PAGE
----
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When I acquired my 2nd, by trade, I decided I wanted one to be "vintage" and one to be "hard rock." They didn't stay that way, but I also didn't want them to be identical. So I have one set up as a sweeter, cleaner blues machine, and one set up as a snarlier, angrier rock machine, but both have unpotted PAF style pickups and the same basic hardware and wiring. For me, I like a particular sound from a Les Paul. Variations on that theme are good, but I couldn't spend much time with one of them being set up for stuff like 80s metal and more modern tones. It ended up being something I just wasn't after.

I considered setting one up for slide but I haven't (yet?) done that. Right now, I enjoy the slight sonic differences between them.

I've seen others who set them all up the same way. "I have 10 Les Pauls and they all have Bare Knuckle Mules" or whatever.

What's your preference?
I have seven...all strung 9-42...all with stock pickups, except "Old Yeller"...she has a vintage 1986 SD JB in the bridge position. If I need radical tone differences, I've got the amp and a pedalboard!
09 (3).jpg
09 (3).jpg09 (3).jpg
 

grumphh

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Any guitar i own is set up by me, and i set them up to where the individual guitar has what to me is the best compromise between playability* and "tone" - so every guitar is set up (and occasionally tuned) differently, except that all my guitars have 010's on them for convenience.

EDIT: I misunderstood the term "set up" as used in the OP - in any case much the same as the above applies to my guitars regarding pickups etc, it depends on the guitar: Pretty much every guitar i have (currently 9 electrics) is in some way different from the others, even the same model of guitar.
E.g. i have two Gibson LP's and one japanese LP copy - One Gibson has the original 70's pickups in it, one has "Dirty Fingers" and the copy has a weird combination of an old SC Höfner in the bridge and a Maxxon minihumbucker in the neck.

I want them all to sound different, to me, not being a pro player who needs consistency and replaceability, that is the point of having multiple guitars...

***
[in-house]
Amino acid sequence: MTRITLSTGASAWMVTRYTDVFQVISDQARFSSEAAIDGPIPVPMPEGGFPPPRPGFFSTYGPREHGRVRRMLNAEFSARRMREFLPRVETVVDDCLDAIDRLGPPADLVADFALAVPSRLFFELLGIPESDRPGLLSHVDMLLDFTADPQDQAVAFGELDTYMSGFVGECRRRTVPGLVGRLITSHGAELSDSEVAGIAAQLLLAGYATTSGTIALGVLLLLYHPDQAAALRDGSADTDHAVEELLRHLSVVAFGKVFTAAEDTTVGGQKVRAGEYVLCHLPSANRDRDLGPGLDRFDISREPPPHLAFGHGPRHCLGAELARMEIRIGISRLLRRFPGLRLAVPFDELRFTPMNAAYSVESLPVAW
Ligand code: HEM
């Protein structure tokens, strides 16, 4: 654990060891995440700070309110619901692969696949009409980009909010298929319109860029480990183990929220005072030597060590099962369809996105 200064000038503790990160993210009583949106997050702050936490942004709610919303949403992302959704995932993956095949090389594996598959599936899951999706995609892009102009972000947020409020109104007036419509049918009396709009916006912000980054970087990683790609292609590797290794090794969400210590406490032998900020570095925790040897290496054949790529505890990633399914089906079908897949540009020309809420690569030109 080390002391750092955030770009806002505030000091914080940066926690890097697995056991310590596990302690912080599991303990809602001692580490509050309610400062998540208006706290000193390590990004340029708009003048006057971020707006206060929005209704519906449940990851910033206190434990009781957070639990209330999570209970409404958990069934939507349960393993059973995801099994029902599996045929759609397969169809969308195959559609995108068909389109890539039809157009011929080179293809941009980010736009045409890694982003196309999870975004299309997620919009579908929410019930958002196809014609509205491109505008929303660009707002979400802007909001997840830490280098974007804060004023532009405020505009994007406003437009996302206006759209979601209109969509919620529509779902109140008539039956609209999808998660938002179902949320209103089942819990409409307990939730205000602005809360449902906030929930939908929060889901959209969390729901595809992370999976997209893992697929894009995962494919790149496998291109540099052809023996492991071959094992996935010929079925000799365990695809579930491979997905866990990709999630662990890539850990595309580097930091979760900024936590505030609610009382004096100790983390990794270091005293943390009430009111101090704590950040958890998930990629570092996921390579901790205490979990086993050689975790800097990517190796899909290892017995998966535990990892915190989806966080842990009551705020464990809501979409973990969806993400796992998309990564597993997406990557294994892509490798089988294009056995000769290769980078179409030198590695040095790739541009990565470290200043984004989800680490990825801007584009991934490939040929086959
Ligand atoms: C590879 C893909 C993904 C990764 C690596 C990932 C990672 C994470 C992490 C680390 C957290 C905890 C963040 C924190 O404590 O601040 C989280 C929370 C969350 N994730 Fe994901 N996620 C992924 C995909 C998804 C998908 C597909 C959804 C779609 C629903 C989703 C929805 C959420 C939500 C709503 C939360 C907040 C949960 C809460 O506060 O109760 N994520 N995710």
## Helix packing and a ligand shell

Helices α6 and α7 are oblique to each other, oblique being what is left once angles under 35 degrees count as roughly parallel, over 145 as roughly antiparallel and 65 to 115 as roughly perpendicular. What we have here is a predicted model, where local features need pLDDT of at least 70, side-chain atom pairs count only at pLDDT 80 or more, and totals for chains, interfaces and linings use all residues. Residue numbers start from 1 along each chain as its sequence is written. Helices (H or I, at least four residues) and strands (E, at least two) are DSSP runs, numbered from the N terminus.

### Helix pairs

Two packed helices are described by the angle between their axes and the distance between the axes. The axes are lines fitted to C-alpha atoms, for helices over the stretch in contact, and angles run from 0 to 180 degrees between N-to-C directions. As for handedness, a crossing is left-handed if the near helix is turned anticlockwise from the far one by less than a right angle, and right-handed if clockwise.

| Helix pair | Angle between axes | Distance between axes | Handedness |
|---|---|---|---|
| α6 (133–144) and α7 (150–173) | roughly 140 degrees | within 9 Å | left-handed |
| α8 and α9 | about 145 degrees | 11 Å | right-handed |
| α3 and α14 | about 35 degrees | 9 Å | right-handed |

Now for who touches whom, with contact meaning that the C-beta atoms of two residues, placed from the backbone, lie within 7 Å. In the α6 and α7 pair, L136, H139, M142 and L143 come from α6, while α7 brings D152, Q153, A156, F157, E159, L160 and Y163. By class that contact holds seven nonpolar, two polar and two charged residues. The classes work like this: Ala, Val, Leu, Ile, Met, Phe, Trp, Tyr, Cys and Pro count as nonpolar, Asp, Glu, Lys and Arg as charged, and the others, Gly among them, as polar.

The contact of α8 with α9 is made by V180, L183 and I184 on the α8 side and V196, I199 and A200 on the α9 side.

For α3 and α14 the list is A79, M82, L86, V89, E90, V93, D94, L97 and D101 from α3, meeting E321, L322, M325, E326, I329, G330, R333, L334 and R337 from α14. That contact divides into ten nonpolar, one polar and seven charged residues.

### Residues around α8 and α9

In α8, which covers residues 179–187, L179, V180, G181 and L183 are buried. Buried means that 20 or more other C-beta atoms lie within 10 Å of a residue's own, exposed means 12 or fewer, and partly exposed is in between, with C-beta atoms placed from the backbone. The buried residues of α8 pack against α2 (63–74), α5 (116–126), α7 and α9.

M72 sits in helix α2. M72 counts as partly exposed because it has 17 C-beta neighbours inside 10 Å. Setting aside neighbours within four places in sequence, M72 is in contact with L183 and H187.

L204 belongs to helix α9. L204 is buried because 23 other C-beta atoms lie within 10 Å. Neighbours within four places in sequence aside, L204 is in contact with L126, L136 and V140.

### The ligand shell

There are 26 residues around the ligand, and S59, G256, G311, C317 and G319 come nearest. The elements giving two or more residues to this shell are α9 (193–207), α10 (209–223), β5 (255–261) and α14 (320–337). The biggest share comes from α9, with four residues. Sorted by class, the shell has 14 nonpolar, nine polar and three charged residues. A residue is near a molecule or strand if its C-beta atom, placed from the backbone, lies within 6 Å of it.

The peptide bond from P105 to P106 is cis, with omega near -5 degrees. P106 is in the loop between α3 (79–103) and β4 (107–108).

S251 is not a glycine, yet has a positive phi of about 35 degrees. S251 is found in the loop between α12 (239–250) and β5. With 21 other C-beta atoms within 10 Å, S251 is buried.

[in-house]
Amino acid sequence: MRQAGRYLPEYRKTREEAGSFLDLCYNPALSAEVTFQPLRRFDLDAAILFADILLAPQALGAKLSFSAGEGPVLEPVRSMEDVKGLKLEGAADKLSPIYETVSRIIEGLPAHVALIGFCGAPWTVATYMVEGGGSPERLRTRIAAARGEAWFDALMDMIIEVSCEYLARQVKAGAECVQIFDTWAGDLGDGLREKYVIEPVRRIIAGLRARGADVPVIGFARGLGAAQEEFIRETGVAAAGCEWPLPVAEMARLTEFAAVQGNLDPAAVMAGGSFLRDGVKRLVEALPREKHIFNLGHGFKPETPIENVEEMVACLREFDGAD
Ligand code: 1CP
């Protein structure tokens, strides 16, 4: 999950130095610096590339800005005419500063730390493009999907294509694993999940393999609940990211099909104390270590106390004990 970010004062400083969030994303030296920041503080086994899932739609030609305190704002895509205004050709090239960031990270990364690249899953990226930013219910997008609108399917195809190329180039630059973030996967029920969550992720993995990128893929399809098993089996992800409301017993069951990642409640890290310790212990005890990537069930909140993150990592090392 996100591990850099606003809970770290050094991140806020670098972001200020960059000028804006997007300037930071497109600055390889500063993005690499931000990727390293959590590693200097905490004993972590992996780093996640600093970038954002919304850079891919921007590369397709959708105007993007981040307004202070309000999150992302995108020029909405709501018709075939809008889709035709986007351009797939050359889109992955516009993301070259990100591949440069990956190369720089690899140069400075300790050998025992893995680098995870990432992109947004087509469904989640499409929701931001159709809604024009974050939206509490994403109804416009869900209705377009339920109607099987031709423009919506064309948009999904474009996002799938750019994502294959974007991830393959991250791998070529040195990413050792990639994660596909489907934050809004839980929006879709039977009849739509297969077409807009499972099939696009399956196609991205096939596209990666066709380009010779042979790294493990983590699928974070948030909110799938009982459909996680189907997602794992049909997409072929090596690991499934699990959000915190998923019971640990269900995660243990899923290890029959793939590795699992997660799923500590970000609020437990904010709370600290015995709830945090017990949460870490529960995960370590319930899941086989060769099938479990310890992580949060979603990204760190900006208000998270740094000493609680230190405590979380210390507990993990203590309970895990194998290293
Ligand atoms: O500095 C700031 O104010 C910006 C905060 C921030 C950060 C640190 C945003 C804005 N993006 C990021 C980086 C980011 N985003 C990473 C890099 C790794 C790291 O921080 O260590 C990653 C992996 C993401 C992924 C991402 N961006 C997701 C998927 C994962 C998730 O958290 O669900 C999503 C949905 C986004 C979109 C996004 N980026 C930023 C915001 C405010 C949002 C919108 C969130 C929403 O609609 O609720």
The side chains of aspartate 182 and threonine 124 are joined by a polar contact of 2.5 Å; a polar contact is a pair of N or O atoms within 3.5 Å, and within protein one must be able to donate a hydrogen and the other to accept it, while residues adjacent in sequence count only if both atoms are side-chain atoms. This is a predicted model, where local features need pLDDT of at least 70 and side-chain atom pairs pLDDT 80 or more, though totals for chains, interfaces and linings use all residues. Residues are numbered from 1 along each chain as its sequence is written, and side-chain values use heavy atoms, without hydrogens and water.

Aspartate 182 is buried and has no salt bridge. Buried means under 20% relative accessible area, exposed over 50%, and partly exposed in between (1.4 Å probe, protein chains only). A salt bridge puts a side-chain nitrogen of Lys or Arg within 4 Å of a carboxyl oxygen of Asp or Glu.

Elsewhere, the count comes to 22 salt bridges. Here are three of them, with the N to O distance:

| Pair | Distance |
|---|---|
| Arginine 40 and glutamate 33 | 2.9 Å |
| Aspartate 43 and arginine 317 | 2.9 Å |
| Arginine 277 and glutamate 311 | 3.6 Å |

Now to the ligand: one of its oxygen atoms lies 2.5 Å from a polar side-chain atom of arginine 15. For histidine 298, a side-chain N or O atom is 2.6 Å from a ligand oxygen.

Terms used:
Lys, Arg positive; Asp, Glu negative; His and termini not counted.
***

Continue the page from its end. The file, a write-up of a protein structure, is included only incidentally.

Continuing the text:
* The way i attack the strings makes it necessary for me to have a relatively high action, as otherwise the tone suffers noticeably - i could set them up lower and still be buzz free, but with my playing, if set to low the tone thins out noticeably :(
 
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boola1

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Yes, my R8 is stock with the custombuckers and I changed out the 59 tribute pickups from my 14 Traditional. I don't need 2 guitars trying to do the same thing.

In the Trad I put a JB in the bridge and a Duncan 59 in the neck which makes it a nice rock/metal machine. Actually I'm extremely impressed with the Ducan 59 neck. It's also better suited to my quite bright/tight sounding Trad.

Both guitars use the same strings (9-46) and both have 50s wiring (I switched the Trad), I can't understand the point of modern wiring :)
 
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PierM

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Recently I started using 10-52 on some guitar, which lacks punch on the bass strings. It's a cool option as doesn't seem affecting relief, you can barely feel the difference since we are talking about low strings only, and the tone does improve quite a lot if you have a guitar which tends to be dull and thin on the bass side, like I have with some Les Paul.

Yeah, each guitar it's a different animal, you can't really setup all the same...and imho, it's always good to keep changing things here and there, along the time, since guitars aren't a static thing.

It's great fun. :thumb:
 

Jeremiah

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For setup, as in action and hardware, mine are all the same. I make my differences with pickup types. One humbucker, one p90, one minihumbucker.
 

mudface

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I guess the real challenge would be to take any two of my guitars and have them be sonic twins. Even my Les Pauls have different fret boards (rosewood and ebony) as well as necks (maple,hog,fat and skinny).... and all have different pickups (57s,T-Tops,Burstbuckers,Custombuckers,490s, and P90s). Lots of tone to choose from. :cool:
 

mdubya

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Setup (string gauge, height, action, neck relief, etc) is as close to the same as possible.

If I were steady gigging in a band, two guitars as close to the same as possible would be a priority; a #1 and a backup.

Since that is NOT the case, I like to enjoy the differences between my guitars. 2 with P-90's - ES330 and SG, 2 ES335's - one slim 60's neck and one fat '59 neck, ES LP with MHS buckers - as much like the ES 330 as it is like an LP, non-reverse Firebird with full size humbuckers - my defacto SG standard, Ibby FRM 100 with noiseless singles - my defacto strat :eek2:. Viva la difference.

I change guitars more often than I change amp (modeling) setting. This week I have been swapping guitars with the Super Reverb amp model being the constant.
 

NotScott

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All my LPs have different necks, different pickups and sound different. However, they all get setup with the same strings and the same action. The only thing that changes are pup adjustments to dial in each guitar to do its thing best. I want all my guitars to feel similar but sound different.